You’d have to be very hard hearted not to have felt gutted for Charles Leclerc at the end of the Bahrain Grand Prix. The majority of the race saw the Monegasque comfortably clear at the head of the field, leading like an F1 veteran rather than someone driving in his second race for Ferrari, the 21-year-old seemingly set for his first-ever victory before a reported MGU-H issue on his SF90 on lap 46 of 57 saw him fall back into the clutches of the chasing Mercedes pair behind him.
Leclerc’s Sunday drive was all the more sensational given that it hadn’t got off to a great start, with team mate Sebastian Vettel pipping the pole man off the line to lead on the first lap, Leclerc dropping down to third as Bottas squeezed through too, with Hamilton slotting into fourth. Behind, Lance Stroll and Romain Grosjean clipped each other, while Lando Norris, having started ninth, plummeted down to P14 after having to take evasive action to avoid the Alfa Romeo of Kimi Raikkonen.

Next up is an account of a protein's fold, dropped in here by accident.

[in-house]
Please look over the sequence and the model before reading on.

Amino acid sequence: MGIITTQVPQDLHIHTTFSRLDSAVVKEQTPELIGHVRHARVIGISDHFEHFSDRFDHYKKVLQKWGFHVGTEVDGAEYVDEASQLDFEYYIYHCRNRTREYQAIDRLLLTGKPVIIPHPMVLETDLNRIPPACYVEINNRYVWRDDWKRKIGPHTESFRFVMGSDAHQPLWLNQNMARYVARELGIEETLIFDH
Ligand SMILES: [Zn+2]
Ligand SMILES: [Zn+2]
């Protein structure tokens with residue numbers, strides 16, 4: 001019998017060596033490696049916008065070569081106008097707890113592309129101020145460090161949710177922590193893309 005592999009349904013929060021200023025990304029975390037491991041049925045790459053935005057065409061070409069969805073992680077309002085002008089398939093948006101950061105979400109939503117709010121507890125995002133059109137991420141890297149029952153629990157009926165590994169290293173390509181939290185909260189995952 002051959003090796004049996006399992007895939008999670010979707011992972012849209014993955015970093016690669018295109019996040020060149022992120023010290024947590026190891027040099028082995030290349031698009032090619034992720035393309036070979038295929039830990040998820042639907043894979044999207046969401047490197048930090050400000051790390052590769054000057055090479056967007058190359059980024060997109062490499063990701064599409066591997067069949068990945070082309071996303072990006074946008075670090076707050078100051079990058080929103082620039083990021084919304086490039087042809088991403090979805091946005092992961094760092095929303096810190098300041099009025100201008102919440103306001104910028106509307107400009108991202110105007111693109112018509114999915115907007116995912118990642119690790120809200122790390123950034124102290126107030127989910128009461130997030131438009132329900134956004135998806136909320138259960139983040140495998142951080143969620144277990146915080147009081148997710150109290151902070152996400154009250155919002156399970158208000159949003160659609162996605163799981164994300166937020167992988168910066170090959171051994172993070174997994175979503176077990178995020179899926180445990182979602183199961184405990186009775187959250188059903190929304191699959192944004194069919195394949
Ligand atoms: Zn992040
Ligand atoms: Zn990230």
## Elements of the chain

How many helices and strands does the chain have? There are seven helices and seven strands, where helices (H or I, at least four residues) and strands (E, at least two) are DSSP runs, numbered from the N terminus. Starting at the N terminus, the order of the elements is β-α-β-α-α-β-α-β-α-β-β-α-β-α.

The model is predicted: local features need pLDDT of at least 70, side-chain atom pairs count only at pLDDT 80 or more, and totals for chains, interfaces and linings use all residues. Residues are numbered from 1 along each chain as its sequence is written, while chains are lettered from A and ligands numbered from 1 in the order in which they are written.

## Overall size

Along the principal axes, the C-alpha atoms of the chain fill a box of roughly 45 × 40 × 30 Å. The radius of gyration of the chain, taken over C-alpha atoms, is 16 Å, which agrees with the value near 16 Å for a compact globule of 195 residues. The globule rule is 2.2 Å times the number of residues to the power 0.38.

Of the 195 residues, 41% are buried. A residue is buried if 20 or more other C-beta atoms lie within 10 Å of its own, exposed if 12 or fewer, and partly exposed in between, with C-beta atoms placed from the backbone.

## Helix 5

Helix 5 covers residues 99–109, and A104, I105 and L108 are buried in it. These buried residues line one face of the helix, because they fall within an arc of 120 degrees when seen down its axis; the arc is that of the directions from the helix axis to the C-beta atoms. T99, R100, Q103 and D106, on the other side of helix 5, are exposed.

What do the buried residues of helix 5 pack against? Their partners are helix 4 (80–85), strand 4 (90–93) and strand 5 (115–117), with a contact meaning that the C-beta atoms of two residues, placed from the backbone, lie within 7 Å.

On lap 2, though, Leclerc forced his way through on Bottas with a superbly judged move at Turn 2, with the Finn dropping down to fourth a few corners later after he and Hamilton went wheel to wheel through Turn 6.
Further back, sparks went flying on lap 4 as Carlos Sainz, showing great pace in his McLaren, attacked the Red Bull of Max Verstappen. But the Dutchman shut the door firmly on his former Toro Rosso team mate, appearing to damage the McLaren’s front wing, leaving a furious Sainz to scrape back around the lap with a shower of sparks coming off his MCL34.